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Copyrights: All pictures were taken by Bruce Guthrie who retains copyright on them. Free for non-commercial use with attribution. See the Creative Commons definition of what this means. "Photos (c) Bruce Guthrie" is fine for attribution. If asked for permission in advance, I'll usually waive the non-commercial clause unless it's for people trying to sell the photos. A free copy of any printed publication using the photographs is requested. Descriptive text, if any, is from a mixture of sources, quite frequently from official signs at the location or from official web sites; copyrights, if any, are retained by their original owners.
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Various Signs: From http://www.orgitecture.com/dch/usr_doc/DTbooklet_English_final.pdf :
(They used to split the brochure into parts online. These parts no longer exist but they had more information:
East Loop: http://www.culturaltourismdc.org/usr_doc/DTbrochure3.pdf
Center Loop: http://www.culturaltourismdc.org/usr_doc/DTcenter_loop.pdf
West Loop: ??? I didn't download this one in time )
Civil War to Civil Rights: Downtown Heritage Trail brochure: by Richard T. Busch
Downtown Washington DC is rich in little-known historic sites where you can touch and feel the American past. We have chosen to focus on two pivotal themes
that link the history of the city with that of the nation -- the Civil War and the continuing challenge to realize the American dream of equal rights for all its citizens.
Boston, for many visitors, represents our colonial and Revolutionary War history with its Freedom Trail. Philadelphia, with the Liberty Bell and Independence Hall, tells the story of the creation of the new nation. Washington, D.C., in turn, has been at the heart of the struggle to preserve the Union and fulfill its promise.
Downtown Washington, D.C., still echoes with the footsteps of Abraham Lincoln, Clara Barton, Walt Whitman, Frederick Douglass, African Americans seeking freedom, and the hundreds of thousands of soldiers and citizens who flooded the city between 1860 and 1865. After the war, the city emerged from a muddy backwater town to the grand capital envisioned by George Washington. The Civil War was the crucial event in the history of the city, which for the first time became a true center of national power, and the symbol of America’s democratic ideals.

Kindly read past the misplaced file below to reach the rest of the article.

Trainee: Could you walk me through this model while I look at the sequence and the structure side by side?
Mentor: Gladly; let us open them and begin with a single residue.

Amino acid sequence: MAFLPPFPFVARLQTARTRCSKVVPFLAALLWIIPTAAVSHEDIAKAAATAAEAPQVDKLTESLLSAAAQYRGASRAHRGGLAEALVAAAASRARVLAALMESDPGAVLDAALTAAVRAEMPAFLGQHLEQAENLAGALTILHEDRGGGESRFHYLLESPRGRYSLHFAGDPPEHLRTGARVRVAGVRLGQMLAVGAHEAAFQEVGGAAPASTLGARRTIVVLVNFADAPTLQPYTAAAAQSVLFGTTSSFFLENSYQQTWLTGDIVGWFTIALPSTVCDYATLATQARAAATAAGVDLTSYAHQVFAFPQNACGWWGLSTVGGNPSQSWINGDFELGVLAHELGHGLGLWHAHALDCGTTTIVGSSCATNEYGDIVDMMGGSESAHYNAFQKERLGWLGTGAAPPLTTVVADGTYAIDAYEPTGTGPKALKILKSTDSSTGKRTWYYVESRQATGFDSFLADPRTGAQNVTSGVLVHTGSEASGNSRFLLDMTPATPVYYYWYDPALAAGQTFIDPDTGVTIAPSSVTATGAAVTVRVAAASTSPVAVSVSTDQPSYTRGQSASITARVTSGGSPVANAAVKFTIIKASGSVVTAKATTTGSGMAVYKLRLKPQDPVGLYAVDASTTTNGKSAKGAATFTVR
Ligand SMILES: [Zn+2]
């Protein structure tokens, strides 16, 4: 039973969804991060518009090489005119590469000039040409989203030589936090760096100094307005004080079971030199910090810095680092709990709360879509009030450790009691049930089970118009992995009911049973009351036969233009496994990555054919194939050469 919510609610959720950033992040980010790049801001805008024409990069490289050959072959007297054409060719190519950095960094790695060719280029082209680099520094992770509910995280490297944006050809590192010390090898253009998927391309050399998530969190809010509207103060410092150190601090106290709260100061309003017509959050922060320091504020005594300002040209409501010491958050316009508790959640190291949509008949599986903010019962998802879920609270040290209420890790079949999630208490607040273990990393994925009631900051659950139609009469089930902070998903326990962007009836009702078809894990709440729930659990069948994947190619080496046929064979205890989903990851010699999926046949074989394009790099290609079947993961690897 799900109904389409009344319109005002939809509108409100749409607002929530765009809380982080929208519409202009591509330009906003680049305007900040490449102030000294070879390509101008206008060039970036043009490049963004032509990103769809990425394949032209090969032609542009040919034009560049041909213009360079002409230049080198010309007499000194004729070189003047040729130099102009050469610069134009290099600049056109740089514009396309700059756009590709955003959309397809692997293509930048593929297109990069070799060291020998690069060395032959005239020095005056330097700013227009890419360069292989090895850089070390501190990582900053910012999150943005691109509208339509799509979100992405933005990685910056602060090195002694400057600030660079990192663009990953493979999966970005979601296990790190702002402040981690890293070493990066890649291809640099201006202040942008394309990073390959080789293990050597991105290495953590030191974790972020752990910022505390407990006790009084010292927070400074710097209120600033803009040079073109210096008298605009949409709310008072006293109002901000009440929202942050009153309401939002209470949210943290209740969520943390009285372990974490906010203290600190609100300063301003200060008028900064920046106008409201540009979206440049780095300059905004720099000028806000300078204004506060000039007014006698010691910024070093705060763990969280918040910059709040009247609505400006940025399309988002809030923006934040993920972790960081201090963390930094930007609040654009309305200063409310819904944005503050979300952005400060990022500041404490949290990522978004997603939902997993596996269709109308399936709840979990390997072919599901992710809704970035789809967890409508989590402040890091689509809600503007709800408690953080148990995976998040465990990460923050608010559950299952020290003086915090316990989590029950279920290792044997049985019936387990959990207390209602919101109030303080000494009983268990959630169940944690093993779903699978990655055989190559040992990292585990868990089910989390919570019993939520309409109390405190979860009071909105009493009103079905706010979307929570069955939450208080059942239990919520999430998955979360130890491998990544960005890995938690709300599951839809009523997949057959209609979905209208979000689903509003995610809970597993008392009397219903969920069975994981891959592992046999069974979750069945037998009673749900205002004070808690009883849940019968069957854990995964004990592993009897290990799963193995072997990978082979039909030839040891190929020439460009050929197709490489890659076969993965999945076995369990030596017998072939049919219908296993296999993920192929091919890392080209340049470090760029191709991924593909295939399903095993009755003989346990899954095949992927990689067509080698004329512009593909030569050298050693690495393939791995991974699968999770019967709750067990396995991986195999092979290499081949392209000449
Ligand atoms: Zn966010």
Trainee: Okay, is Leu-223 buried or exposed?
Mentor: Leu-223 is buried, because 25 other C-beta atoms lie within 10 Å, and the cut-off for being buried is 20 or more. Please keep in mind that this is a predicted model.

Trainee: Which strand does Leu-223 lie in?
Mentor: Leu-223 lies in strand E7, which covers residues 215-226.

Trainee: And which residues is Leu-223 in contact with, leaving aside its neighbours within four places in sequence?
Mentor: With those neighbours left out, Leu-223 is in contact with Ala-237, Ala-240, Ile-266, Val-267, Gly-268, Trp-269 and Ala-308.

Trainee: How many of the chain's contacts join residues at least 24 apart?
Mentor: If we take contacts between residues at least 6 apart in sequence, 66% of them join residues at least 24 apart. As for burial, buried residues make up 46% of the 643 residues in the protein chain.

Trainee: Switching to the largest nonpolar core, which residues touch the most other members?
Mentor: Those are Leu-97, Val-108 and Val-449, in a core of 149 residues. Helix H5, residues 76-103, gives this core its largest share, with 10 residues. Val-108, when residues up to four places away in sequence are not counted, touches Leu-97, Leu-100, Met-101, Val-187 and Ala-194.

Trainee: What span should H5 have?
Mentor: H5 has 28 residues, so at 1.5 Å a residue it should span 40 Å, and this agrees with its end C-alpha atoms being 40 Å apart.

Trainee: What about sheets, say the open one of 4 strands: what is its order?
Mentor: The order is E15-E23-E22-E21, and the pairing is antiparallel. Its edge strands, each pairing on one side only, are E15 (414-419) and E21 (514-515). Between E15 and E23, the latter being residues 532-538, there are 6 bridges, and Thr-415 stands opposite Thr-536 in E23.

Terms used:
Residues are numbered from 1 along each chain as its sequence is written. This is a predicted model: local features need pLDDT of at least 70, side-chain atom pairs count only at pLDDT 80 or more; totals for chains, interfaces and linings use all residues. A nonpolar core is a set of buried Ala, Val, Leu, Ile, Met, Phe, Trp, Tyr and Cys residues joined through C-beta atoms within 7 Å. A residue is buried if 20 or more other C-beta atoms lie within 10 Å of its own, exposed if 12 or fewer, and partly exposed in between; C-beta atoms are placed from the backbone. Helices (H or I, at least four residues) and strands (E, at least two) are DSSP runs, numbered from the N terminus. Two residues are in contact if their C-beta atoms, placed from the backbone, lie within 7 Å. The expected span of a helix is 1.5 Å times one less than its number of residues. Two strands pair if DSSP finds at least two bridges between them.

The struggle for civil rights has also been central to the history of the city. A newspaper published in downtown Washington, the National Era, serialized a work by an unknown author, Harriet Beecher Stowe. It was called Uncle ...More...
Wikipedia Description: Chinatown, Washington, D.C.
From Wikipedia, the free encyclopedia
Chinatown in Washington, D.C. is a small, historic neighborhood east of downtown, in the present day consisting of a handful of ethnic Chinese and other Asian restaurants and small businesses along H and I Streets between 5th and 8th Streets, Northwest. It is known for its annual Chinese New Year festival and parade and the Friendship Arch, a Chinese gate built over H Street at 7th Street. Other prominent landmarks include the Verizon Center, a sports and entertainment arena, and the Old Patent Office Building, which houses two of the Smithsonian Museums. The neighborhood is served by the Gallery Place-Chinatown station of the Washington Metro.
The Chinatown area was formerly populated by German immigrants; it is coincidentally the modern home of the Washington branch of the Goethe-Institut. Chinese immigrants began to populate the area in the 1930s, having been displaced from Washington's original Chinatown along Pennsylvania Avenue by the development of the Federal Triangle government office complex. The newcomers marked it with decorative metal latticework and railings as well as Chinese signage. At its peak, Chinatown was deemed to extend from G Street north to Massachusetts Avenue, and from 9th Street east to 5th Street.
Like other Washington neighborhoods, Chinatown declined sharply after the 1968 riots. Ethnic Chinese residents, as well as many others, left for suburban areas, spurred further by the city's rising crime and taxes, and deteriorating business climate. When the Washington Metro station serving the neighborhood opened in 1976, it was named simply "Gallery Place," ignoring Chinatown altogether.
In 1986, the city dedicated the Friendship Archway, a traditional Chinese gate designed by local architect Alfred H. Liu. The colorful, $1 million work of public art includes 7 roofs up to 60 feet high, 7000 tiles, and 272 painted dragons in the style of the Ming and Q ...More...
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2013 photos: So far, I'm mostly using my Fuji XS-1 camera but, depending on the event, I'm also using a Nikon D7000 and Nikon D600.
Trips this year have been limited to a Civil War Trust conference in Memphis.